In the UK the BBC Radiophonic Workshop composers Delia Derbyshire and Brian Hodgson joined the experimental electronic band White Noise. Other important experimental bands in this period include The Monks, The Fugs, The Godz, The Residents, Os Mutantes, Red Crayola, Silver Apples, Captain Beefheart and the Magic Band and The Mothers of Invention.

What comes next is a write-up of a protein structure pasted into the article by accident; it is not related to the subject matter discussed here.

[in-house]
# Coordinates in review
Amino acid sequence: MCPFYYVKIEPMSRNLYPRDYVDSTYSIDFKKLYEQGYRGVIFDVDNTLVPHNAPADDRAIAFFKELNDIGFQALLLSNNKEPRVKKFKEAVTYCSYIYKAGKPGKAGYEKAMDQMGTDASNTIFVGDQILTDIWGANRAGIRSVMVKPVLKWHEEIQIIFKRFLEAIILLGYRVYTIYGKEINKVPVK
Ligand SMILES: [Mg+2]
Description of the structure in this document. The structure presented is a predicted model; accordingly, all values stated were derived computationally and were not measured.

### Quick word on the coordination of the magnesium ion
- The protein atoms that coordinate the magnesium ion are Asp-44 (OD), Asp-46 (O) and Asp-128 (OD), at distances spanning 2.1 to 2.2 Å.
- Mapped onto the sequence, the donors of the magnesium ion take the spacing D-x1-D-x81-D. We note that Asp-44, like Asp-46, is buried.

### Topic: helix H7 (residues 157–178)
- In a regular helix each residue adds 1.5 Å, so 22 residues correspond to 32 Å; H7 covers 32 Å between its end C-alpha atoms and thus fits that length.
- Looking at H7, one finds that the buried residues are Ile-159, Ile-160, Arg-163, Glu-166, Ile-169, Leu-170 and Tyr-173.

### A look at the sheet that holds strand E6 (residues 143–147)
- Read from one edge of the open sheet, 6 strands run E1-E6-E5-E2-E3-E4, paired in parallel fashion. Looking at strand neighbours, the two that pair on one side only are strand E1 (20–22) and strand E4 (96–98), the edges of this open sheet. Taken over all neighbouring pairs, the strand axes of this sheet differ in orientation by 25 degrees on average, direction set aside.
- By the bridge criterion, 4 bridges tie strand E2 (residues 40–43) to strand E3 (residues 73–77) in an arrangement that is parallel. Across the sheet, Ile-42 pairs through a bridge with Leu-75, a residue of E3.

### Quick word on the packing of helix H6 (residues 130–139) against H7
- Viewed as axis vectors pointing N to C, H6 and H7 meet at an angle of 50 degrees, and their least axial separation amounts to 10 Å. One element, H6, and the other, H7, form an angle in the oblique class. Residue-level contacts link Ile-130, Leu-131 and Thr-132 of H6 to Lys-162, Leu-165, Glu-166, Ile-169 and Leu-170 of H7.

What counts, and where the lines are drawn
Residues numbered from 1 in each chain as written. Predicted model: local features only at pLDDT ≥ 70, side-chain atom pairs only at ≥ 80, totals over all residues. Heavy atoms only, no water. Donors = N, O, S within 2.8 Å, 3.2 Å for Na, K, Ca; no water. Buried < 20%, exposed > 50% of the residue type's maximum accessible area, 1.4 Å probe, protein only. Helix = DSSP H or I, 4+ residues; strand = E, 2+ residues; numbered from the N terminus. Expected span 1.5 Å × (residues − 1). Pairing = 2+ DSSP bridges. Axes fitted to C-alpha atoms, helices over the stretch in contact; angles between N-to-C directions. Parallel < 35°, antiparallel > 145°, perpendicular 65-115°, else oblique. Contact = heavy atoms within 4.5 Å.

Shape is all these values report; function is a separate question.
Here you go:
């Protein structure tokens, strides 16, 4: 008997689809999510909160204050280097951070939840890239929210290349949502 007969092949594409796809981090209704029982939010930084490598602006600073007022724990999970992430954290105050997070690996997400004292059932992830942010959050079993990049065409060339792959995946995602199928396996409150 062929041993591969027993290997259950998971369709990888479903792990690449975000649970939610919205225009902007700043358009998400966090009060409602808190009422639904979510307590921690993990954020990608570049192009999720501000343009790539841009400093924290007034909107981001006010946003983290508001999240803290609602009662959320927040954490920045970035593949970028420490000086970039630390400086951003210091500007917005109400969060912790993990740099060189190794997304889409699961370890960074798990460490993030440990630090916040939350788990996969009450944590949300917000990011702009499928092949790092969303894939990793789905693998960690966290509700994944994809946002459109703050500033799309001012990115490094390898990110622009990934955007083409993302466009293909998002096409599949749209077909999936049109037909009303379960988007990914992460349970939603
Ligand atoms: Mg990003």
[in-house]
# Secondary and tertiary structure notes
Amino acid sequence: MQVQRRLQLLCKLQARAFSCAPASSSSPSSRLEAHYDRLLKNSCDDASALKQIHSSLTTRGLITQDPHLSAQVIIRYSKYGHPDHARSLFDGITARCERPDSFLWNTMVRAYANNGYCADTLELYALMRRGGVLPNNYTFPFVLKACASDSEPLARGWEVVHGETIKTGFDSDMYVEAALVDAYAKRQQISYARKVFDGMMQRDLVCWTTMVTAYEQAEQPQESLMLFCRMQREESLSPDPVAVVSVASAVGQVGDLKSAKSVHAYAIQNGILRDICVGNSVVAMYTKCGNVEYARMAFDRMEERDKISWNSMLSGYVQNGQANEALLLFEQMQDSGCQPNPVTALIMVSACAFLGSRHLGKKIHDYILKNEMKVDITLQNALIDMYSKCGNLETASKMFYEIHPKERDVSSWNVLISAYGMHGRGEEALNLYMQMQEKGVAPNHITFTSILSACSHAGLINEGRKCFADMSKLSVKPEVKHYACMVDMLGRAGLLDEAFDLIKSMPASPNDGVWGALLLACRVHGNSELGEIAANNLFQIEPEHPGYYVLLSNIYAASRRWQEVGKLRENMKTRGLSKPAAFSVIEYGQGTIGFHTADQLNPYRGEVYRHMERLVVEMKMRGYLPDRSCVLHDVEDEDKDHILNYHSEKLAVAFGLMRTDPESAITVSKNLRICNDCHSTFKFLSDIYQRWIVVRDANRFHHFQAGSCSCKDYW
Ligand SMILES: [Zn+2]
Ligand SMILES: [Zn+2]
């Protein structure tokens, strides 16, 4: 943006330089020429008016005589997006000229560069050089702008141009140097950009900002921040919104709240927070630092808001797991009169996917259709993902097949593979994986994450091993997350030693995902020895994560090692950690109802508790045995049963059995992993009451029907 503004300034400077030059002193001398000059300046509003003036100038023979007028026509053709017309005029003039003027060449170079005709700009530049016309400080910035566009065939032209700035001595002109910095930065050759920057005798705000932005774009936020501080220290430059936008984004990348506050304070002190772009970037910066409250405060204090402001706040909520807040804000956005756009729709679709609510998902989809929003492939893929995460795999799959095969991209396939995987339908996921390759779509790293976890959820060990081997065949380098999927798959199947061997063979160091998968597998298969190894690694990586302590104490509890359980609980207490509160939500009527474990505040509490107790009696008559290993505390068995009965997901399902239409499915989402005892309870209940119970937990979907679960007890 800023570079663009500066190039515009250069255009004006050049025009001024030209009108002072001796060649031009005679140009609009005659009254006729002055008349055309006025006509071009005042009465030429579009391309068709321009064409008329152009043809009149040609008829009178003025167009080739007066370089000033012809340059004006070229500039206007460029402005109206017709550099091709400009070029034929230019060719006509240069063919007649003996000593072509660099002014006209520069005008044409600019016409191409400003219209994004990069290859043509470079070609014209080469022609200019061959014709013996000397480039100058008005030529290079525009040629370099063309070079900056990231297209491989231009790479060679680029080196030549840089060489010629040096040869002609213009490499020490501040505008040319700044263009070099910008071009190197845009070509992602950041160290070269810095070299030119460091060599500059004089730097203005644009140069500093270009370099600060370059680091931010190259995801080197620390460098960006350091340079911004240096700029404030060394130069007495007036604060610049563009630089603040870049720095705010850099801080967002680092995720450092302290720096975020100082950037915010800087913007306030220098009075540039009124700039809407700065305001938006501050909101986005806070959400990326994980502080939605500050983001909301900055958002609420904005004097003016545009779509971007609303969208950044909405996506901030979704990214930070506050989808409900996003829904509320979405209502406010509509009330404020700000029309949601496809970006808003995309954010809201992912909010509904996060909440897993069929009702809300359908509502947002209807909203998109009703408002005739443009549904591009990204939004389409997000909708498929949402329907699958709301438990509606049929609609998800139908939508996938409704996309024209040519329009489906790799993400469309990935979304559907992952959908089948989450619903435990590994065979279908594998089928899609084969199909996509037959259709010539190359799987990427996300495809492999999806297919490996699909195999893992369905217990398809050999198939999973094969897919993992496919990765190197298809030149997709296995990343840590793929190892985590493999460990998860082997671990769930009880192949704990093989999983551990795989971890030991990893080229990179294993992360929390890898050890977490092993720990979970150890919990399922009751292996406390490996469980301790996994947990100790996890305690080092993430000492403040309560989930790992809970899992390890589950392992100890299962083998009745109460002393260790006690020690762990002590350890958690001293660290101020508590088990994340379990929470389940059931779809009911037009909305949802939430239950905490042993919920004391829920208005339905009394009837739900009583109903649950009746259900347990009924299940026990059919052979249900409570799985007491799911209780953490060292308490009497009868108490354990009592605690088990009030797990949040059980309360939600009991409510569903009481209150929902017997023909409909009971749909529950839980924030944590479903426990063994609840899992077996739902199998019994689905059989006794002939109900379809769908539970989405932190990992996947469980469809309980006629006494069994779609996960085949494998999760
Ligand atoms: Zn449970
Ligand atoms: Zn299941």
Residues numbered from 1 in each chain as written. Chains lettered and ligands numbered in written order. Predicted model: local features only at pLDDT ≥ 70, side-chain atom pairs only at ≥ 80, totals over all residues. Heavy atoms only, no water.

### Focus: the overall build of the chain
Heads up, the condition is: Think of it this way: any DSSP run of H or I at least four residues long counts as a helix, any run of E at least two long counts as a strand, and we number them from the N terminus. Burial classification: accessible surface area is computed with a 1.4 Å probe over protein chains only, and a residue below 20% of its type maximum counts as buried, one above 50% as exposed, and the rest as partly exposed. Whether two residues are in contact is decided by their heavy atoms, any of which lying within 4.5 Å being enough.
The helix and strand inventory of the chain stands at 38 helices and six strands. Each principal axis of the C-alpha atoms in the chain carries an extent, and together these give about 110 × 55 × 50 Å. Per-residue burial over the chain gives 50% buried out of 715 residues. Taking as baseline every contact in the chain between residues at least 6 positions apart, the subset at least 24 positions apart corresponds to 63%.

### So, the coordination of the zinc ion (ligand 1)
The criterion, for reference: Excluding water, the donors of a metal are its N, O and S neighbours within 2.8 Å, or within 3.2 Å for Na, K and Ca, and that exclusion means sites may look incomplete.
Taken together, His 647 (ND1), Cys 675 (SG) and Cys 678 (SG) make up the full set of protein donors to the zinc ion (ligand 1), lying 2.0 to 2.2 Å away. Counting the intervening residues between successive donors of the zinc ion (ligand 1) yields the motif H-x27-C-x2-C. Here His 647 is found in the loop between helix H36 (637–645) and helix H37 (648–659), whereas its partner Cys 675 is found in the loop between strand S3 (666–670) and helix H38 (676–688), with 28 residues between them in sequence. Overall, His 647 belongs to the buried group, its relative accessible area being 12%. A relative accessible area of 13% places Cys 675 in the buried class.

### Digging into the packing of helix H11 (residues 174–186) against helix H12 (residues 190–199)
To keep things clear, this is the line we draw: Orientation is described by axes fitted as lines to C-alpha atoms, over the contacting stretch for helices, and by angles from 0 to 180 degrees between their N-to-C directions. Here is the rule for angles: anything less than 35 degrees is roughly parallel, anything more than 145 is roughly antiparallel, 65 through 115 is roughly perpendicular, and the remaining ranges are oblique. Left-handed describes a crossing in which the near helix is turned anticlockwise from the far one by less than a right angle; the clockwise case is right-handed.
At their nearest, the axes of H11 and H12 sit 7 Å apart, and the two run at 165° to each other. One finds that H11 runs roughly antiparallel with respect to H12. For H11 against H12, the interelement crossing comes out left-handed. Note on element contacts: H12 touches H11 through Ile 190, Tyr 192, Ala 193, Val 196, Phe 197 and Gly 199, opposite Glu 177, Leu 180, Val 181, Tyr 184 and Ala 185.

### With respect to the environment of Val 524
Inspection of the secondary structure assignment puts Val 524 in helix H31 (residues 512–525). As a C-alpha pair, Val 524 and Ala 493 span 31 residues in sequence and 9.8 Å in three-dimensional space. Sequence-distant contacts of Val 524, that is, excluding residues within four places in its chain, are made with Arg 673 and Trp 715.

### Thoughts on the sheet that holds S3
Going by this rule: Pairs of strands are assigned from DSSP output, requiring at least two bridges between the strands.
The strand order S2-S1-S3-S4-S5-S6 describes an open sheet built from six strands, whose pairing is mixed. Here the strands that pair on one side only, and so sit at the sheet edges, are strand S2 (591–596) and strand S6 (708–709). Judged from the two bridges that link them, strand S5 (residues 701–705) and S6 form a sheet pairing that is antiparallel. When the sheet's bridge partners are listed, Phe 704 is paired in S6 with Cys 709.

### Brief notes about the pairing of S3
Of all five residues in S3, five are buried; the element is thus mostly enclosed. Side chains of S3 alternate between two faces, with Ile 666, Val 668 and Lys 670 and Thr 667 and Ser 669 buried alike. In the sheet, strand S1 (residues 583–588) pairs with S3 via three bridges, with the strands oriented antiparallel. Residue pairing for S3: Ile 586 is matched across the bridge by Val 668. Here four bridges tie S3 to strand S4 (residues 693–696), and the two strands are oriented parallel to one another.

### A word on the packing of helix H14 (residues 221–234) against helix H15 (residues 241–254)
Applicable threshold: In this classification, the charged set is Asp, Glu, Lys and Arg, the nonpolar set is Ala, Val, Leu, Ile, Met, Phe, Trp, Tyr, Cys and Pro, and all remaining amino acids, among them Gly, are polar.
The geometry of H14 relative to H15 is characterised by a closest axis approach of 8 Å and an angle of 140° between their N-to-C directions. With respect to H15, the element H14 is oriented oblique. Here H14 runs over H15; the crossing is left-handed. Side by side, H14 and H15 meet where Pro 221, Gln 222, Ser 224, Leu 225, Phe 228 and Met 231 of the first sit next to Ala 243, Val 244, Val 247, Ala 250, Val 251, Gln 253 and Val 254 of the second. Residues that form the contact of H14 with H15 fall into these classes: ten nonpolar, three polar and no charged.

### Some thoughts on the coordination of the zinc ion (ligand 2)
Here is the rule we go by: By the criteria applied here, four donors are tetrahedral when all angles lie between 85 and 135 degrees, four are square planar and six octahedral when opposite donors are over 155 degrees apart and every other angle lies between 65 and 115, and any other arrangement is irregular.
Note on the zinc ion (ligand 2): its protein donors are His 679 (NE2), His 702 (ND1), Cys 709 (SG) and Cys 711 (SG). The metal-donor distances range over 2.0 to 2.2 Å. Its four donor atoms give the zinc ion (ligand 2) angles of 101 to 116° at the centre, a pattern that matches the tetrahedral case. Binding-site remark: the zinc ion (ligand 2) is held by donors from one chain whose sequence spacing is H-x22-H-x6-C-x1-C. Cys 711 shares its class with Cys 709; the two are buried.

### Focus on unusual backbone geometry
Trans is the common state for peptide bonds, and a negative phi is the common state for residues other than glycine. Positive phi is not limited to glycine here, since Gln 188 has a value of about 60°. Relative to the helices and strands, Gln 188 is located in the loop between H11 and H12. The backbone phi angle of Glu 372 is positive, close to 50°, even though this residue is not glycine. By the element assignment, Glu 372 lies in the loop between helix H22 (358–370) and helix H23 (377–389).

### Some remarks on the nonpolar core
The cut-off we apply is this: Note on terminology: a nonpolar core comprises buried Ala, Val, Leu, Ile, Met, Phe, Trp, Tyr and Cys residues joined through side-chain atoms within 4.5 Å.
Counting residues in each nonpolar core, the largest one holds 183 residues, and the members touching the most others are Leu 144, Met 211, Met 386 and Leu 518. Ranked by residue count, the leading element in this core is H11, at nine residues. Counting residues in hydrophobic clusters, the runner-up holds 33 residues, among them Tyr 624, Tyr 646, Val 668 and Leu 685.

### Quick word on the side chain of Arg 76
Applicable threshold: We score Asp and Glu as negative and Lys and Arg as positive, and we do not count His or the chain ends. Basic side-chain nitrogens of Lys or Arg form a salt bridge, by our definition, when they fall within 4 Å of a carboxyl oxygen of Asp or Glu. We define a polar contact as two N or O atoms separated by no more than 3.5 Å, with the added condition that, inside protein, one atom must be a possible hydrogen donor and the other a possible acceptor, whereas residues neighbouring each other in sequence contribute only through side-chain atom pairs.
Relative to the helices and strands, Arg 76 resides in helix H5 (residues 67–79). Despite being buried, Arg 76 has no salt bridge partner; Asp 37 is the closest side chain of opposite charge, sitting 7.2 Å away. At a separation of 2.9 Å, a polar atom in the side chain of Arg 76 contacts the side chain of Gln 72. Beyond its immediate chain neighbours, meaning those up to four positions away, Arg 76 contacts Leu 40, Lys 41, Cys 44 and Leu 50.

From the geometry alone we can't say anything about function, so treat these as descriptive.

Influenced by the experiments of these groups came another wave of experimental rock bands in the early 1970s. There was, for instance, the so-called Krautrock scene in Germany, which included psychedelic bands like Amon Düül II and Popol Vuh, sound-collage artists like Faust, and the extremely improvisational and almost unclassifiable Can. Brian Eno was another important figure, especially after his departure from Roxy Music in order to pursue his own ideas (which ultimately led to his invention of the term "ambient music"). Some other artists in this period, such as David Bowie and Scott Walker, also departing from more pop-oriented styles in order to experiment with songwriting and production. Some of Miles Davis' early-70s work such as On the Corner or A Tribute to Jack Johnson straddles or even defies the line between jazz fusion, funk and rock. At the same time, there was the experimental wing of the already somewhat experimental progressive rock scene, including a number of bands who were influenced by contemporary classical music -- Magma, Zao, Henry Cow, Samla Mammas Manna, Area, Univers Zero, Frank Zappa, and so on. In the late 70s, punk rock developed a number of experimental offshoots, most notably post-punk. This genre includes everything from arty punk rockers like Pere Ubu, Suicide, Bauhaus, Half Japanese, The Ex, The Electric Eels, the dub-influenced Public Image Ltd and The Pop Group. No Wave was another important offshoot, composed of acts such as James Chance and the Contortions, Teenage Jesus and the Jerks, Glenn Branca's Theoretical Girls, and DNA). Other notable acts from this era are This Heat and the first industrial band Throbbing Gristle.